4. Embedding enterprise education to address unemployment in the construction sector, Mangosuthu University of Technology (MUT) 

Partners: London South Bank University and the KwaZulu-Natal Master Builders and Allied Industries Association

The MUT project has incorporated digital skills and entrepreneurial learning activities in Built Environment curriculum programmes. It aims to address both the needs of students facing economic and social challenges and the university staff required to integrate entrepreneurship education, as well as the context of a declining industry needing to adapt and modernise.

5. Agri-entrepreneurship curriculum development for social innovation, youth unemployment and climate change impact, University of KwaZulu-Natal (UKZN)

Partners: Swansea University, University of Cape Coast, the Council for Scientific and Industrial Research and Liv Agriculture

The UKZN project aims to up-skill the youth, narrow the unemployment gap and improve food security systems. Agriculture is being used as a social innovation tool to produce a new generation of sustainable farmers that can tackle climate change issues. 

6. Wits Entrepreneurship Clinic and Accelerator Programme (WECAP), University of the Witwatersrand (Wits)

Partners: The University of Edinburgh, Wits Tshimologong Digital Innovation Precinct, and the African Circular Economy Network 

WECAP trains students to become entrepreneurial consultants, providing them with a skill set that they can add to their CVs and use to seek employment. The clinic supports the acceleration of businesses started by student entrepreneurs.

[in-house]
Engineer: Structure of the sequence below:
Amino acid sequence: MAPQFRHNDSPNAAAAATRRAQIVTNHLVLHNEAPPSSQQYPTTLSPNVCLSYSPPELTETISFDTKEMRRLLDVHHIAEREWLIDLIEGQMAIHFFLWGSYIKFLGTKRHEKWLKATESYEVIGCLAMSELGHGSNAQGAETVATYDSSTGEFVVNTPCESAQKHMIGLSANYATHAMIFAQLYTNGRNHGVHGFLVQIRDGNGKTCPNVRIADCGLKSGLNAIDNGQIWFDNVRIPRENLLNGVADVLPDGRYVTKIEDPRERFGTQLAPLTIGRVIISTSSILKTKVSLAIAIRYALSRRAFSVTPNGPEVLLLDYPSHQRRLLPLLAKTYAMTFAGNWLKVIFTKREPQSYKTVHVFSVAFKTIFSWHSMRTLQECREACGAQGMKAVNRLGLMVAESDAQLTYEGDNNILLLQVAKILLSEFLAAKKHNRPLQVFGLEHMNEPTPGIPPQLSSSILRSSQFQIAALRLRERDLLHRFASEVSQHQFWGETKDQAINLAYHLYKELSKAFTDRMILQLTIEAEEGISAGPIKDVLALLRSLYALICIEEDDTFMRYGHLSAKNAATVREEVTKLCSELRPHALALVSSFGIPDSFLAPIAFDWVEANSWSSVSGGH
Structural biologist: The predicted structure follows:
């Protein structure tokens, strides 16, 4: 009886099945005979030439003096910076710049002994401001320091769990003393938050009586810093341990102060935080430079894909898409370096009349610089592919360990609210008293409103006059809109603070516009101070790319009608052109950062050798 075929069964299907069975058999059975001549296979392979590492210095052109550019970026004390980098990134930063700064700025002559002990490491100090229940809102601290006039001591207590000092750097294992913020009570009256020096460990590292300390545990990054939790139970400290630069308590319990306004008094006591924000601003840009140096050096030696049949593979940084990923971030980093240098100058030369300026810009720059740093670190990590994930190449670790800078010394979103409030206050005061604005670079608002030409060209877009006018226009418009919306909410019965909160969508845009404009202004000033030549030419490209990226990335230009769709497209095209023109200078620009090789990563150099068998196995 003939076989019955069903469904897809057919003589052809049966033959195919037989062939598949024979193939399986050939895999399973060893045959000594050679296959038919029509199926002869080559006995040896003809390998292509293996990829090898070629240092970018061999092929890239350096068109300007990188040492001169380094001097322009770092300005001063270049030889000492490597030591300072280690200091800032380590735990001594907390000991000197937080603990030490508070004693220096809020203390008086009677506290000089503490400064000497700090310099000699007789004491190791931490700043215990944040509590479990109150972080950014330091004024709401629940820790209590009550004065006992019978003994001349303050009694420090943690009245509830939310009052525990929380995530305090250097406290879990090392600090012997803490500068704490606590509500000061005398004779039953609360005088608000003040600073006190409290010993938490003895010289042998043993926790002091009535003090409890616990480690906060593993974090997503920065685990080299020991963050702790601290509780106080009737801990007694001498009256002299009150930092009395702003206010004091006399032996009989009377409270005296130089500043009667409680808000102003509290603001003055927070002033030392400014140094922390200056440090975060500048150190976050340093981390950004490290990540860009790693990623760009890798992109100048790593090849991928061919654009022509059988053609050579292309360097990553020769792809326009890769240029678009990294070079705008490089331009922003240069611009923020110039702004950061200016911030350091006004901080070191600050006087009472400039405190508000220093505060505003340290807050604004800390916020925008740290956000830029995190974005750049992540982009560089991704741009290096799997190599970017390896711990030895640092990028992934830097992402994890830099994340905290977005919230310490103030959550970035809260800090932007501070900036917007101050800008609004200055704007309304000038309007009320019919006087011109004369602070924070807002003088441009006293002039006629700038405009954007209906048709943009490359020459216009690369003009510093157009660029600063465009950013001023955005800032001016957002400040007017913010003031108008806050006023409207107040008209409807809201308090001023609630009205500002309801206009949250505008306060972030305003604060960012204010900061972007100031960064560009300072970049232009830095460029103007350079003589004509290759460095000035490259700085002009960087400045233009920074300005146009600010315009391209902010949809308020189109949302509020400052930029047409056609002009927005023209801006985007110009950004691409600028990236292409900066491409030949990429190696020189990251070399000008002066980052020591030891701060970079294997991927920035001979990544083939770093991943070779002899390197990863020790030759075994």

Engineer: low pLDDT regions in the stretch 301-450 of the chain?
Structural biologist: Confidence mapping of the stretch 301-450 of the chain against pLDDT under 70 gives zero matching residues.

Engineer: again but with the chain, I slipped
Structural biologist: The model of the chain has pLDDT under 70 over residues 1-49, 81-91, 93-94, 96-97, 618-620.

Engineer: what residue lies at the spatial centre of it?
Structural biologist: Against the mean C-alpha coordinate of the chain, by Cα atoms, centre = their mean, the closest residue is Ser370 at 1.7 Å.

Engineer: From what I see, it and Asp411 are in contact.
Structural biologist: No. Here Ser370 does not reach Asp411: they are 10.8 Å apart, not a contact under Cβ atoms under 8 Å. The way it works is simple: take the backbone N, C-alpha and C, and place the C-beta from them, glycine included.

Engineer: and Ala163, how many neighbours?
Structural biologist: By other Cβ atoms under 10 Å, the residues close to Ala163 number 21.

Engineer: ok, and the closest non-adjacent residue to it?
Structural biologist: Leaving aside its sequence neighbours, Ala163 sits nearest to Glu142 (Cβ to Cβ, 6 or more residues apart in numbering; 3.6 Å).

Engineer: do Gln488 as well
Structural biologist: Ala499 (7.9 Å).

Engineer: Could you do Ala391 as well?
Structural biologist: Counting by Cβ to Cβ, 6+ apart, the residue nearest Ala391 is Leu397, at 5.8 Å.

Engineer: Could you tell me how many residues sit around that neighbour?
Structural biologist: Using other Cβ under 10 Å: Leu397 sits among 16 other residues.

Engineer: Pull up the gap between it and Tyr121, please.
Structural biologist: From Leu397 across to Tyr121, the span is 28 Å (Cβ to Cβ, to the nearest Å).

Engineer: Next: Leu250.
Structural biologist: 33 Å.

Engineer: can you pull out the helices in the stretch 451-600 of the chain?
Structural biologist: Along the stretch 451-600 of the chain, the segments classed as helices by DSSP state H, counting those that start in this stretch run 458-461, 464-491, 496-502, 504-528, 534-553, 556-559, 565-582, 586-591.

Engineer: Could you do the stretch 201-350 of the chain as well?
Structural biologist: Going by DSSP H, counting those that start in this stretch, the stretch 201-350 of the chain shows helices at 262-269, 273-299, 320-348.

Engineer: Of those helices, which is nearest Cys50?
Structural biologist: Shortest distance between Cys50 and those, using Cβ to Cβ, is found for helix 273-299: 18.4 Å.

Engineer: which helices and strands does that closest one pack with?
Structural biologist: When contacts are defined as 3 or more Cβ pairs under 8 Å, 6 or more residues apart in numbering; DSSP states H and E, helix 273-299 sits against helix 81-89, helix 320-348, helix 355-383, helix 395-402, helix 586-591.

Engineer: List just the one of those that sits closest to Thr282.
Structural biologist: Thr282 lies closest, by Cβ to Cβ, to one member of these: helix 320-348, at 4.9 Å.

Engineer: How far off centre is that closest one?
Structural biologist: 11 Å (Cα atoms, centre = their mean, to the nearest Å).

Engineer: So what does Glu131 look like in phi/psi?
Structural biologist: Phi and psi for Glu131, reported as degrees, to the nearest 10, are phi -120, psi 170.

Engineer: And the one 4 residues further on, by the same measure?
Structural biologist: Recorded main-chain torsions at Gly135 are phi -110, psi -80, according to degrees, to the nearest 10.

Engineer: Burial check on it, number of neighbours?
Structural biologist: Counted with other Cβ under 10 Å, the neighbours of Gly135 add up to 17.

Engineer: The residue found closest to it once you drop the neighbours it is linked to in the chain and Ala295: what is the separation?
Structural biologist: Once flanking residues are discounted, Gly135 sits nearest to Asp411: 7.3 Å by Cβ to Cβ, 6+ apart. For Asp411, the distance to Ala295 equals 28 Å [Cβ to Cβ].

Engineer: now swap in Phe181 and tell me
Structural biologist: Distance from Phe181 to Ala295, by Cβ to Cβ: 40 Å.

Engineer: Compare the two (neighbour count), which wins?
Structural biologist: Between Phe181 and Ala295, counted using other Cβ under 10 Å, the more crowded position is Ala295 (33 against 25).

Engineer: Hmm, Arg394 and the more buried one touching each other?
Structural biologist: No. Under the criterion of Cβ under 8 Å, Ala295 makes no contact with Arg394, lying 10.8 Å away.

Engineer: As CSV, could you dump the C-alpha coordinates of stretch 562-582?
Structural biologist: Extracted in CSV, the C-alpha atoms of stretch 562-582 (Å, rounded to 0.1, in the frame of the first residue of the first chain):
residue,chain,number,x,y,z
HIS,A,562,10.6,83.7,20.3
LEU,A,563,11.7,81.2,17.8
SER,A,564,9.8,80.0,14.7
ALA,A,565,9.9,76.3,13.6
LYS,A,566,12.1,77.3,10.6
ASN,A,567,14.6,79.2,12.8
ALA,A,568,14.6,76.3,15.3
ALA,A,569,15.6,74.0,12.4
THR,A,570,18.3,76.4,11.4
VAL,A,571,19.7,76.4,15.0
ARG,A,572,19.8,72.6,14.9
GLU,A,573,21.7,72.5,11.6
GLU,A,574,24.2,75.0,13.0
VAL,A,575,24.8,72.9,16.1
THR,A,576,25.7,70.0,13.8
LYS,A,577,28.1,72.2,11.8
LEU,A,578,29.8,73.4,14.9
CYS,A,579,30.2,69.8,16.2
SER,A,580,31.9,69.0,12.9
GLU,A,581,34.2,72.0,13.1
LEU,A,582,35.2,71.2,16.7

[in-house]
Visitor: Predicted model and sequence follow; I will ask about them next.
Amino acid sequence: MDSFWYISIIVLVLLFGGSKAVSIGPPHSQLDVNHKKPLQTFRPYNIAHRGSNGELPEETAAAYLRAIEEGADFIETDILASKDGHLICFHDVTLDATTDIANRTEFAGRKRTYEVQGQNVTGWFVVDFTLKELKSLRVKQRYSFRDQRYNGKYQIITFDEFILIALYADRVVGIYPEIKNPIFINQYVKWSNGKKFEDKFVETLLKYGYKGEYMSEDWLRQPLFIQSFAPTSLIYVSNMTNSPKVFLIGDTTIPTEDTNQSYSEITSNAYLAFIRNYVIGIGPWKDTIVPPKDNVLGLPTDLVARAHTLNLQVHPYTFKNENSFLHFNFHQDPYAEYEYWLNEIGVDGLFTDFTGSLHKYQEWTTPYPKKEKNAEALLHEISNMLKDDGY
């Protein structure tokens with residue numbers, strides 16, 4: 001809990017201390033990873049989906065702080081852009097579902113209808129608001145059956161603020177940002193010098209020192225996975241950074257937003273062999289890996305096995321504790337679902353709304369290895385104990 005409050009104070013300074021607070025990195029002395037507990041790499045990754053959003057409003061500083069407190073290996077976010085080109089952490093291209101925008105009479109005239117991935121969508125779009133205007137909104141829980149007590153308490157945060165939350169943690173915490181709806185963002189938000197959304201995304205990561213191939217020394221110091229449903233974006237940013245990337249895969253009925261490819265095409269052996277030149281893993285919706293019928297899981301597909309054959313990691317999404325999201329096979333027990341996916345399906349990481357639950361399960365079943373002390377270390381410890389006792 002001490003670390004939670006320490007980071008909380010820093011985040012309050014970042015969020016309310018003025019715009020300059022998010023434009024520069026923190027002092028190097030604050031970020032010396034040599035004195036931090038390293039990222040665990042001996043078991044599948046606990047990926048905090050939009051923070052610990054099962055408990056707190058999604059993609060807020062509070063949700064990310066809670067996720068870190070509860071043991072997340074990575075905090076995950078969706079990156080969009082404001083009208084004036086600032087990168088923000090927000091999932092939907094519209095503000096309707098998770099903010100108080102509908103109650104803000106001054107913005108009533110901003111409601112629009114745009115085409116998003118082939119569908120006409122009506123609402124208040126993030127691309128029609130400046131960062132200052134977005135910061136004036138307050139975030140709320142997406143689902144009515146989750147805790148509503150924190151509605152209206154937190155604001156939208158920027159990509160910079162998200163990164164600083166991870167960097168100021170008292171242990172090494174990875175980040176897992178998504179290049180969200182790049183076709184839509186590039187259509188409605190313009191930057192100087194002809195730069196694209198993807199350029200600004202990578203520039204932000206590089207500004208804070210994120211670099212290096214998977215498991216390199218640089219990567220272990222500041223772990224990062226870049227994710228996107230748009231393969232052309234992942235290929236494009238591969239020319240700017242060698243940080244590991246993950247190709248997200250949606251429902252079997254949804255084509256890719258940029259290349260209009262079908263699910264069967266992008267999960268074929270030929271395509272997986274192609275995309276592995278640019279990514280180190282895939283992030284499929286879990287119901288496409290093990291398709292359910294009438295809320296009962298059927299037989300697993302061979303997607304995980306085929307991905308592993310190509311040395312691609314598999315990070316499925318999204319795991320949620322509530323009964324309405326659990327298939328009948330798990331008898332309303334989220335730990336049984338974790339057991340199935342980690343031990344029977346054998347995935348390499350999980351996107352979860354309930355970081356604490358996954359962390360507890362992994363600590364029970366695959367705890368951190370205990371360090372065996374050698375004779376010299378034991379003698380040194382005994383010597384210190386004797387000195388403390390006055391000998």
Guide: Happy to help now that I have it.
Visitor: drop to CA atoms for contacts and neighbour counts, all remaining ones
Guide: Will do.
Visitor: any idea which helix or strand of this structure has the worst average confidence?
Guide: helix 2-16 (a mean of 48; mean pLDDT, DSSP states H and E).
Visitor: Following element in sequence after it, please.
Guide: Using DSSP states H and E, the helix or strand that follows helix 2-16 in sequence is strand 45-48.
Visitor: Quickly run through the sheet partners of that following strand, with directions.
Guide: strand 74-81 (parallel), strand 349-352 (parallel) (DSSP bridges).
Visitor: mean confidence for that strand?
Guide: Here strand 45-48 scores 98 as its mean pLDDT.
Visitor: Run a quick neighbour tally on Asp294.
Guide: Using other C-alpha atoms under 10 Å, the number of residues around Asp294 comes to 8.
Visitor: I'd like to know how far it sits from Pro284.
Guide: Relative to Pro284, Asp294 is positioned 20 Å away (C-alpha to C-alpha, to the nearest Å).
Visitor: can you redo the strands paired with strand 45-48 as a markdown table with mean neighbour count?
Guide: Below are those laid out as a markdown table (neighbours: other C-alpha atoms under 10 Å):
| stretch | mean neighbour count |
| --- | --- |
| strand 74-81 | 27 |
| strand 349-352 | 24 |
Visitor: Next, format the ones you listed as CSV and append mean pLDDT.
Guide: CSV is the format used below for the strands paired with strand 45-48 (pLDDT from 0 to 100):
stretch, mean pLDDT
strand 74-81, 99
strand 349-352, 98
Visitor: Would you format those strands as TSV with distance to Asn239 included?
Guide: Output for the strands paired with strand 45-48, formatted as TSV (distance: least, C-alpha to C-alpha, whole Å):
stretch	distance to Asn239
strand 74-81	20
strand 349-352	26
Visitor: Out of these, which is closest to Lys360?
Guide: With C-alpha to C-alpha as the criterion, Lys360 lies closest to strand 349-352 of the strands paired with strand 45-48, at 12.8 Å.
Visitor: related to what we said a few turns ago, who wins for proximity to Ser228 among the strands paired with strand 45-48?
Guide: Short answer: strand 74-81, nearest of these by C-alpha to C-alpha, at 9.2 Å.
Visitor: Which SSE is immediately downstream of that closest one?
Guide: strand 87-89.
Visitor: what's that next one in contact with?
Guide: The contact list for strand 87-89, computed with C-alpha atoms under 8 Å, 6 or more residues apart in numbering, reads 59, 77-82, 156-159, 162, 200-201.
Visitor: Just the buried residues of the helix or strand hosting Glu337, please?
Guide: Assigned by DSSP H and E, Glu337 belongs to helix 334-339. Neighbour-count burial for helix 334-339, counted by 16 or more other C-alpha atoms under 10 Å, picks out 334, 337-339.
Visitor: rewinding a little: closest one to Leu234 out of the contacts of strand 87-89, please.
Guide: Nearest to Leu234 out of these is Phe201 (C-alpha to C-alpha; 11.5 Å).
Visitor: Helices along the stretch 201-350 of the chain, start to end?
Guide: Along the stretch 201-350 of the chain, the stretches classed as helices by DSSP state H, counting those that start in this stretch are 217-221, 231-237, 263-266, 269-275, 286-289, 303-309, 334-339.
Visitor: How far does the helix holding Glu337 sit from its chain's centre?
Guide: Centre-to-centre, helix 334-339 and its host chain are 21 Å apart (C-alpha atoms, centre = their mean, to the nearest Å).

7. Innovations for the digital economy, University of Johannesburg (UJ)

Partners: University of Warwick, Gauteng City Region Academy and Tshepo (Tehepo1million)

The UJ project explores changes in the supply of digital skills and job opportunities in the post-Covid labour market. It seeks to understand how young workers can be rapidly retrained to meet the demand for digitally literate and flexible remote workers.

8. Business Innovation and Incubation Centre (BIIC), Cape Peninsula University of Technology (CPUT)

Partners: Manchester Metropolitan University and Snake Nation

The CPUT project has introduced a pilot programme to empower youth to enter the digital and creative economy as technopreneurs. It has also developed BIIC which provides a commercial opportunity for selected students' entrepreneurial ideas. 

 9. Carbon Literacy for Youth Employability and Job Creation (CL4YEJC), Durban University of Technology (DUT) 

Partners: Sheffield Hallam University, Ladoke Akintola University of Technology, Kisii University and Innovate Durban

The CL4YEJC project has adapted and translated a Carbon Literacy Toolkit that uses carbon literacy as a tool for youth to initiate green innovation and entrepreneurship ventures. The project is also working towards strengthening the capacity of Higher Education Institutions in sub-Saharan Africa to engage with carbon literacy.